Just as nostalgia is memory based unrelated fragments, much of the historicist design is only skin-deep--elaborate facades made of thin veneers of foam insulated stucco or masonry veneer supported by a modern framework of steel and concrete. Instead of being connected to larger contemporary notions of space, time and transparency, the historicist project tries to recreate a fragmented reality all to itself, as an escape from an overarching reality that is beyond anyone's control. Just as we are bound to choose memories that recall pleasant feelings, erecting pseudo-European renaissance villages in modern-day suburbia is our way of choosing a happy reality that is completely of our own imagining. It's not as if there's any public will to bring back monarchies, guilds, philosophical humanism and a triumphant church hierarchy and other major influences on our beloved architecture.
Or maybe that's the point. After all, nostalgia is manifest in post-modern or post-structuralist reaction. When language, symbols, images or meanings aren't what the seem to be, when truth is relative depending on one's perspective and power, when context is what you make of it, maybe the superficial application of historic styles is the most 'honest' way expressing the reality of our times.
- Another article that I came across interested me less about its subject- Walmart - than the valuable nugget of insight into a major problem that affects American society today. Charles Platt, a former editor at Wired magazine, went undercover to see what it was like to work at the world's largest retailer. Beyond his observations about the efficiency of the way Walmart operates, and the highly autonomous decision-making on the salesfloor, which are both well-known, I was more taken by his restating of an obvious fact that is often ignored when debating the pros and cons of Walmart (a personal note: I don't like to go to Walmart- the dull decor and mediocre selection turn me off ). Writing on the relative low wages paid to workers (which are still better than many other retail outfits), Platt briefly summarizes the concept of value in the determination of wages:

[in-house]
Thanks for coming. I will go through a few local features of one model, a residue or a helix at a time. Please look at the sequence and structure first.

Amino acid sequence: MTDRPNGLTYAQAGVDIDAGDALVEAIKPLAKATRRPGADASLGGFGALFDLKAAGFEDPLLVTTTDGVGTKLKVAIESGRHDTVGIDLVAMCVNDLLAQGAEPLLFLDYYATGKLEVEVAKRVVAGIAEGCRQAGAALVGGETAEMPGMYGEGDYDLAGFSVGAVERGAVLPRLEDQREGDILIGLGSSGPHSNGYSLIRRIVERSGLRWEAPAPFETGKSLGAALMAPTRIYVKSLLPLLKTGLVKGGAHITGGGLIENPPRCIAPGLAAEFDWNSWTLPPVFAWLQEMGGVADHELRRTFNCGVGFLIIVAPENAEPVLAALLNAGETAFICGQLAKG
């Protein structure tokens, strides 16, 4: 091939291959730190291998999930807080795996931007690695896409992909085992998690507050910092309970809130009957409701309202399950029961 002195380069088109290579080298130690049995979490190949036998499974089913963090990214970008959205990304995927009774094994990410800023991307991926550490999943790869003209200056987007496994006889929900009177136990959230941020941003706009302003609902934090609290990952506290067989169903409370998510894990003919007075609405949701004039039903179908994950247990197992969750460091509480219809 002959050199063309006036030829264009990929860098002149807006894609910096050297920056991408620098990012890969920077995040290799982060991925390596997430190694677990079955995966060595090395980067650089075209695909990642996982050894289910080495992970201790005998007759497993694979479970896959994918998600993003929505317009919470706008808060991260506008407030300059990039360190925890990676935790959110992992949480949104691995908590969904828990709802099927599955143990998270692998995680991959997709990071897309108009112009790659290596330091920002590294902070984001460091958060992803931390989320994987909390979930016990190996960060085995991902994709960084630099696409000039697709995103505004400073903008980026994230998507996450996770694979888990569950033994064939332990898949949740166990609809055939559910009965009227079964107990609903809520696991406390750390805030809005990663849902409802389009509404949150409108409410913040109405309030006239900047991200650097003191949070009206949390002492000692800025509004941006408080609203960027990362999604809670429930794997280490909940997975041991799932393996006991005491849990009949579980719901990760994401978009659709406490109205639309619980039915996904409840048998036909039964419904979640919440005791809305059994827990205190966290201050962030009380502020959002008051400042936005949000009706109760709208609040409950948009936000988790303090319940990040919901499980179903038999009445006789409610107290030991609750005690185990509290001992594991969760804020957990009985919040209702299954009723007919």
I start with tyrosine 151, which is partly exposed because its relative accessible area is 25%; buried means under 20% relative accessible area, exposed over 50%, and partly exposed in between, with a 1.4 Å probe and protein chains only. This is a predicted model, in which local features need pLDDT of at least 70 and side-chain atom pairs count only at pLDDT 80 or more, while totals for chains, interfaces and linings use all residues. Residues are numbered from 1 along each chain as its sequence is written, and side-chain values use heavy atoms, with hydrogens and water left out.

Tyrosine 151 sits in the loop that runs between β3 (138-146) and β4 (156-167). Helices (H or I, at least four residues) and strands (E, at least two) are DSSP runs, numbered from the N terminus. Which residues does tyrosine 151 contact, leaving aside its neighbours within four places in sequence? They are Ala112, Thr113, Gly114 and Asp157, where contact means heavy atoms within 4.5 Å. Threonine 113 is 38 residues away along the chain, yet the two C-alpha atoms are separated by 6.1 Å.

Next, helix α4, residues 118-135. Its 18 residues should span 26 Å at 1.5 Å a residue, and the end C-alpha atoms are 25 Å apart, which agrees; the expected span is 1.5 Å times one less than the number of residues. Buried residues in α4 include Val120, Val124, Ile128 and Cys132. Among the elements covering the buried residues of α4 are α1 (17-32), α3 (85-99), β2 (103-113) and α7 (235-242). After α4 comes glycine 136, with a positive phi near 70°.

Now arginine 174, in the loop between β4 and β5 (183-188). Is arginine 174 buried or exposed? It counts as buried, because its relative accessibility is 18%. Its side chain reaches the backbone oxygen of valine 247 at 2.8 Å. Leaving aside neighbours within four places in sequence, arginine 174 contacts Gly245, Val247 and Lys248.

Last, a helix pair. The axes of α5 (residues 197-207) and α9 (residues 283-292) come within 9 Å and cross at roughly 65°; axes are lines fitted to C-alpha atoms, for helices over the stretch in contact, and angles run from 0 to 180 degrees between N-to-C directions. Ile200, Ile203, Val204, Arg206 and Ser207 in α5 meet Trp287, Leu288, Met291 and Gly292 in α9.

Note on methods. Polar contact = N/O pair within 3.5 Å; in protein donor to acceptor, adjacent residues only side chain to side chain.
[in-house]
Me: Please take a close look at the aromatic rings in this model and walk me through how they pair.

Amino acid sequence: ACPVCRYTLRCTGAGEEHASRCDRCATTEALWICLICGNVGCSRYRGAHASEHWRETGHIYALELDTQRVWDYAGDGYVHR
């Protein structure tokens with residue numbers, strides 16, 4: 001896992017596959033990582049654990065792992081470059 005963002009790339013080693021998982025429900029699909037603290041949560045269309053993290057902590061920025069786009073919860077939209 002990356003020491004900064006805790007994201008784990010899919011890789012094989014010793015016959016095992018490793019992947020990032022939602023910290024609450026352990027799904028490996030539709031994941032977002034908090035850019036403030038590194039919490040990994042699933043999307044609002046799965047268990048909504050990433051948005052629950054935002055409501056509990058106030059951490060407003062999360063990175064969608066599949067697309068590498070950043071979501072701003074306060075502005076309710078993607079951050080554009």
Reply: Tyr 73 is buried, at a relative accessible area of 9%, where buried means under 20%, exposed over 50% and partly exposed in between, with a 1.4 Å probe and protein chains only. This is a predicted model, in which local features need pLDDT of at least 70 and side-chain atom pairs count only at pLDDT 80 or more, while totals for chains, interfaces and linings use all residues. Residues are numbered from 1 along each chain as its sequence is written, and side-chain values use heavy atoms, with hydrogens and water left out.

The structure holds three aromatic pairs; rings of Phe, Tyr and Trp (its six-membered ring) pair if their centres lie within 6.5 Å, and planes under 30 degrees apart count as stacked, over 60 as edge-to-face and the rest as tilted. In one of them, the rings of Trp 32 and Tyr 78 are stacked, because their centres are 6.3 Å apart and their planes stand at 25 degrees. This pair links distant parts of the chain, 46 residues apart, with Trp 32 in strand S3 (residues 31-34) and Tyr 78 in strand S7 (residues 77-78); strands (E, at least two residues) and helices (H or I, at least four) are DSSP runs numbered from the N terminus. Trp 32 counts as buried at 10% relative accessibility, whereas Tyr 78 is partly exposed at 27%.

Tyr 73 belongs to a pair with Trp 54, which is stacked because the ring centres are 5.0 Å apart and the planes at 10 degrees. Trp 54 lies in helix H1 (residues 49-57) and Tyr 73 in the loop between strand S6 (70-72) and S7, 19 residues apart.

- Finally, there was a short piece referring to one of my favorite films- Amadeus. Even though it first came out in 1984, this masterpiece by director Milos Foreman never tires from the dozens of times I've watched it, primarily because it offers one of the most compelling views into the mind of an artist. Especially near the end, when Mozart dictates his Requiem Mass to Salieri while on his deathbed, it is fascinating to watch the composer (brilliantly played by Tom Hulce) describe the piece's underlying musical structure while completely overwhelming his rival's comprehension. "Give me time..." yells Salieri, begging Mozart to slow down so that he can catch up in inscribing the notation, not realizing that this musical genius' life on earth was already running out of time. That's the nature of the creative mind, which has no respect for time and which tumultuously works through ideas and details on its own before ever putting them to paper.